FIGS. 4 and 5 illustrate an alternative embodiment in which one or more solid pieces or members of die cut solid cork material partially fill the cavity of a golf club head. The golf club head, apart from the filler material, is otherwise the same as the previous embodiment, and like reference numerals have been used for like parts as appropriate. FIG. 4 illustrates two die cut members 50, 52 of solid cork material which are designed to partially fill the respective chambers 33,34 on opposite sides of dividing wall 25. These members do not have any projections for extending between posts 26 up to the heel and toe of the head, respectively. Instead, each member is of predetermined width for filling the gap between the dividing wall 25 and innermost edge of the posts 26. The remainder of the cavity is filled with a conventional foam filler material 54. In this case, the solid cork members are positioned behind the central portion of the striking face 12, where the ball is normally struck, to provide optimum vibration damping and energy transfer. If the dividing wall is eliminated, the two separate members 50, 52 may be replaced with a single solid cork member to span the gap filled in FIG. 5 by the members 50, 52 and wall 25.
The cork insert members will be cut to the exact size desired and then press fit into the cavity. An elastomer may be used to secure the cork in the cavity. Foam may be added around the outer edges if required to completely fill the cavity. The insert members may be of natural cork or any kind of synthetic cork substitute, such as extruded polymers or polymer pellets which are mixed, melted, and injection molded.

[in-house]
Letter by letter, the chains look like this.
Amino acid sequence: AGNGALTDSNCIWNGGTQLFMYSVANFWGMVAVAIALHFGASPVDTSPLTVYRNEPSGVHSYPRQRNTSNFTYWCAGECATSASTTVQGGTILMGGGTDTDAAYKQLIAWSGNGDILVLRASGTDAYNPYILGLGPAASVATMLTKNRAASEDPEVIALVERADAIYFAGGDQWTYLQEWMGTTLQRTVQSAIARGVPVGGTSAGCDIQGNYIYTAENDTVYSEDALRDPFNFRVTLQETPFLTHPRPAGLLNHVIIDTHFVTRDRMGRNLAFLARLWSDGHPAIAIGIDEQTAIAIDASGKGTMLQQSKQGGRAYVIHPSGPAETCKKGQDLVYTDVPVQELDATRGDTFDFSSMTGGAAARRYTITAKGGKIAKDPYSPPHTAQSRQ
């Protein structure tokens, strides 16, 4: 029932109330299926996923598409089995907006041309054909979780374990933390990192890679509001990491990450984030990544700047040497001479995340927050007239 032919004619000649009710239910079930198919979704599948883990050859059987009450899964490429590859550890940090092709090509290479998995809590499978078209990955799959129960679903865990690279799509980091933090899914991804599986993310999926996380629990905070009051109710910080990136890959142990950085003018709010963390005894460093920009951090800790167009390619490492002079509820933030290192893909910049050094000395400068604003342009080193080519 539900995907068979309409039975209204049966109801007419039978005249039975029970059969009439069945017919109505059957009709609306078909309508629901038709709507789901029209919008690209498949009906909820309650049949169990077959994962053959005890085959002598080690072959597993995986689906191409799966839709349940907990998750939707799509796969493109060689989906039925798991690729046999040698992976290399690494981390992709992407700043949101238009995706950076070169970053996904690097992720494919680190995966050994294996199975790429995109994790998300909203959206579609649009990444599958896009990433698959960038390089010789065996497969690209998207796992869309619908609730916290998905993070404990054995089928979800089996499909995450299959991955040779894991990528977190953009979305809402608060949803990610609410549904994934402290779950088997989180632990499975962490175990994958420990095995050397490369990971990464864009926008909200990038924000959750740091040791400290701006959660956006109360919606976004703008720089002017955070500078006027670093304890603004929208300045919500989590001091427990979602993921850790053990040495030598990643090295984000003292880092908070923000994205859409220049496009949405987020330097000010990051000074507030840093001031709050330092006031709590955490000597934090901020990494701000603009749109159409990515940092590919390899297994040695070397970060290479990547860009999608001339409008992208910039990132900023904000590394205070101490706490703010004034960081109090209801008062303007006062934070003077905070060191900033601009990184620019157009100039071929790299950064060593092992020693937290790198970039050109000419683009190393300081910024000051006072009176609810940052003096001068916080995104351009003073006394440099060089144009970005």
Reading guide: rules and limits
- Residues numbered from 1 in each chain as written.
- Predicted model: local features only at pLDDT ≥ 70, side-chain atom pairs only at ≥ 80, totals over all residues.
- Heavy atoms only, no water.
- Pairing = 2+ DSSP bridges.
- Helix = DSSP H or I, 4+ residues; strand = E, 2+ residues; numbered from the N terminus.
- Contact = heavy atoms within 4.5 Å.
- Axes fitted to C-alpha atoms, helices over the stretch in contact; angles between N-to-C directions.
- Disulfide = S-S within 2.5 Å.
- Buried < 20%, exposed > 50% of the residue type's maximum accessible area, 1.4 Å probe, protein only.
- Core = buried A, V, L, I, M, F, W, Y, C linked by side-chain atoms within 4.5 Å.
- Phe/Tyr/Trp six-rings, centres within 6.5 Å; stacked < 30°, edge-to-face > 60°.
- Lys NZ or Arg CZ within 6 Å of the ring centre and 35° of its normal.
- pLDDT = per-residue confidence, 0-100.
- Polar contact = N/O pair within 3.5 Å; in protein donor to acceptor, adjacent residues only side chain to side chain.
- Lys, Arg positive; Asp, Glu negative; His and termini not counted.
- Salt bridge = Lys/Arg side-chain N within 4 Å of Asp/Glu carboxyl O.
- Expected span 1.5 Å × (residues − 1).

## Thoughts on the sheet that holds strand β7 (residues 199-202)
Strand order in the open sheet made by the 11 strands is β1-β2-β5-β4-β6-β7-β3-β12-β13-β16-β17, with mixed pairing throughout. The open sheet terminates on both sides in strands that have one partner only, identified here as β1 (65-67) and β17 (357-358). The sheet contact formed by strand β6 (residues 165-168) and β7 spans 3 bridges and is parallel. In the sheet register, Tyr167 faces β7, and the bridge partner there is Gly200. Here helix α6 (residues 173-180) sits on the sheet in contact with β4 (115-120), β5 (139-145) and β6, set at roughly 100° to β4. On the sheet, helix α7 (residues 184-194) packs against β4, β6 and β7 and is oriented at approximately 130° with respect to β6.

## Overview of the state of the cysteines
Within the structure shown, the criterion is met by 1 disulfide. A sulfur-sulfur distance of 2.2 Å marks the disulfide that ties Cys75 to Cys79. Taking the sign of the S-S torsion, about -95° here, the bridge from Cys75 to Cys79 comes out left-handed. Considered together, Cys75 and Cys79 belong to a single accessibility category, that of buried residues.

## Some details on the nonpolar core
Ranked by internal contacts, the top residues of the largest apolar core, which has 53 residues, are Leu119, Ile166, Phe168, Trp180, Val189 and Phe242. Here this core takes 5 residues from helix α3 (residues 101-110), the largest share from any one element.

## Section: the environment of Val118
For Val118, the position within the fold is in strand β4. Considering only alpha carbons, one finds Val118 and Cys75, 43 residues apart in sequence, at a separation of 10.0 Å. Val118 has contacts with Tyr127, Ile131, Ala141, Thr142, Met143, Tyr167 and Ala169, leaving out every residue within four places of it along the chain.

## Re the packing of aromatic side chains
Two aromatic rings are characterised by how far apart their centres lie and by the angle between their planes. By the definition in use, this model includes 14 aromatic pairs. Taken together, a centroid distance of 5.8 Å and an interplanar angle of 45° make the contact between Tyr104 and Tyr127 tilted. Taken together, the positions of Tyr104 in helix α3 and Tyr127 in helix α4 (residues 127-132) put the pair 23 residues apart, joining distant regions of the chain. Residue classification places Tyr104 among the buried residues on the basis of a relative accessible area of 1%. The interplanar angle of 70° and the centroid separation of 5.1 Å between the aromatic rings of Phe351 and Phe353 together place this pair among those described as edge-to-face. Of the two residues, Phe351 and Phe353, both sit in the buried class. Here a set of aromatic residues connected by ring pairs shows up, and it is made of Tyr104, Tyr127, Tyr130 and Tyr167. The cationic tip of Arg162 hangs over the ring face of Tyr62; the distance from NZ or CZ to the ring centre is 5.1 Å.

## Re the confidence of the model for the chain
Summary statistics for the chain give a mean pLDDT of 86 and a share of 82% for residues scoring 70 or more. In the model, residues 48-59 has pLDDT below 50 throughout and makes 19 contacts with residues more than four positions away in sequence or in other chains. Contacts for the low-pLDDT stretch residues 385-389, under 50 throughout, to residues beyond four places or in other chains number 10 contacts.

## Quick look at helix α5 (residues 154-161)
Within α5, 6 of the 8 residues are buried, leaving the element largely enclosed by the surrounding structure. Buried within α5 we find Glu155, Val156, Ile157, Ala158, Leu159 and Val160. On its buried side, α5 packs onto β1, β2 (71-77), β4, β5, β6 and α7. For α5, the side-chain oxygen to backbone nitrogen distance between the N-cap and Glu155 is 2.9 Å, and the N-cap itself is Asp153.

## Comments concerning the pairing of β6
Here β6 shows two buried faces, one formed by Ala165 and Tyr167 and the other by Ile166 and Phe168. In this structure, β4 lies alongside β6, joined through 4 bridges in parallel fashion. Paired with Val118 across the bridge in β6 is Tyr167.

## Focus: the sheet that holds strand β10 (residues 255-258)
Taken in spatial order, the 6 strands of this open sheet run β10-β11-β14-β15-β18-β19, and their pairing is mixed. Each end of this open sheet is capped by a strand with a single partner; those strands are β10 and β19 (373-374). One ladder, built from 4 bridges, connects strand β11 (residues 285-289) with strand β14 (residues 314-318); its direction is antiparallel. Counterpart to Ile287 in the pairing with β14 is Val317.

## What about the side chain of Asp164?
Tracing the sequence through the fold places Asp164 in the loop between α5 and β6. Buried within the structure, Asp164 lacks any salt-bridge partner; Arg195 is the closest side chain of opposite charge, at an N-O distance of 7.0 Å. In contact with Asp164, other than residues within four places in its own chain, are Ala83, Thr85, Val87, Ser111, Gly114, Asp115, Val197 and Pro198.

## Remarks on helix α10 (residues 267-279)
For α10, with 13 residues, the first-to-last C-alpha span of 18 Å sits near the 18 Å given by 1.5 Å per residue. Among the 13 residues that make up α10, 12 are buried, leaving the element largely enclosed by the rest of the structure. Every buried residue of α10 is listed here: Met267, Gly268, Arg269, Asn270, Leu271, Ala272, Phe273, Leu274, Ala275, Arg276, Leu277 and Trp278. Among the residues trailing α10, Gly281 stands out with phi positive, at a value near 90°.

It will be understood that one or more members of solid cork material may be suitably cut to a predetermined shape and dimensions for partially or completely filling a cavity in any golf club head, not only the particular shaped internal cavities of the club head illustrated in FIGS. 1 to 5. The solid cork or synthetic cork member or members in the exemplary embodiment fill between 50% to 100% of the entire cavity, with the remainder of the cavity being filled with a foam filler material for percentages less than 100%. When the ball is struck, the cork member or members will be compressed to absorb shock and reduce vibration, and will then decompress in order to provide consistent transfer of energy. Solid cork is a more durable, lightweight material than some of the filler materials previously used in club heads. The properties of solid cork materials permit the quantity used and the weight of the cork to be varied, allowing overall club head weight to be adjusted.
Although some exemplary embodiments of the invention have been described above by way of example only, it will be understood by those skilled in the field that modifications may be made to the disclosed embodiments without departing from the scope of the invention, which is defined by the appended claims.
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|U.S. Classification||473/324, 273/DIG.15, 473/409, 473/349, 473/346, 473/345|
|International Classification||A63B59/00, A63B53/04|
|Cooperative Classification||A63B60/54, A63B53/0487, A63B2053/0433, A63B2053/0454, A63B53/047, A63B2053/0437, Y10S273/15, A63B53/0466, A63B53/0475, A63B53/04|
|Aug 15, 2002||AS||Assignment|
Owner name: CERAMIXGOLF.COM, CALIFORNIA
Free format text: ASSIGNMENT OF ASSIGNORS INTEREST;ASSIGNOR:CALDWELL, BRUCE G.;REEL/FRAME:013200/0441
Effective date: 20020807
|Nov 12, 2007||REMI||Maintenance fee reminder mailed|
|Apr 18, 2008||SULP||Surcharge for late payment|
|Apr 18, 2008||FPAY||Fee payment|
Year of fee payment: 4
|Dec 19, 2011||REMI||Maintenance fee reminder mailed|
|May 4, 2012||LAPS||Lapse for failure to pay maintenance fees|
|Jun 26, 2012||FP||Expired due to failure to pay maintenance fee|
Effective date: 20120504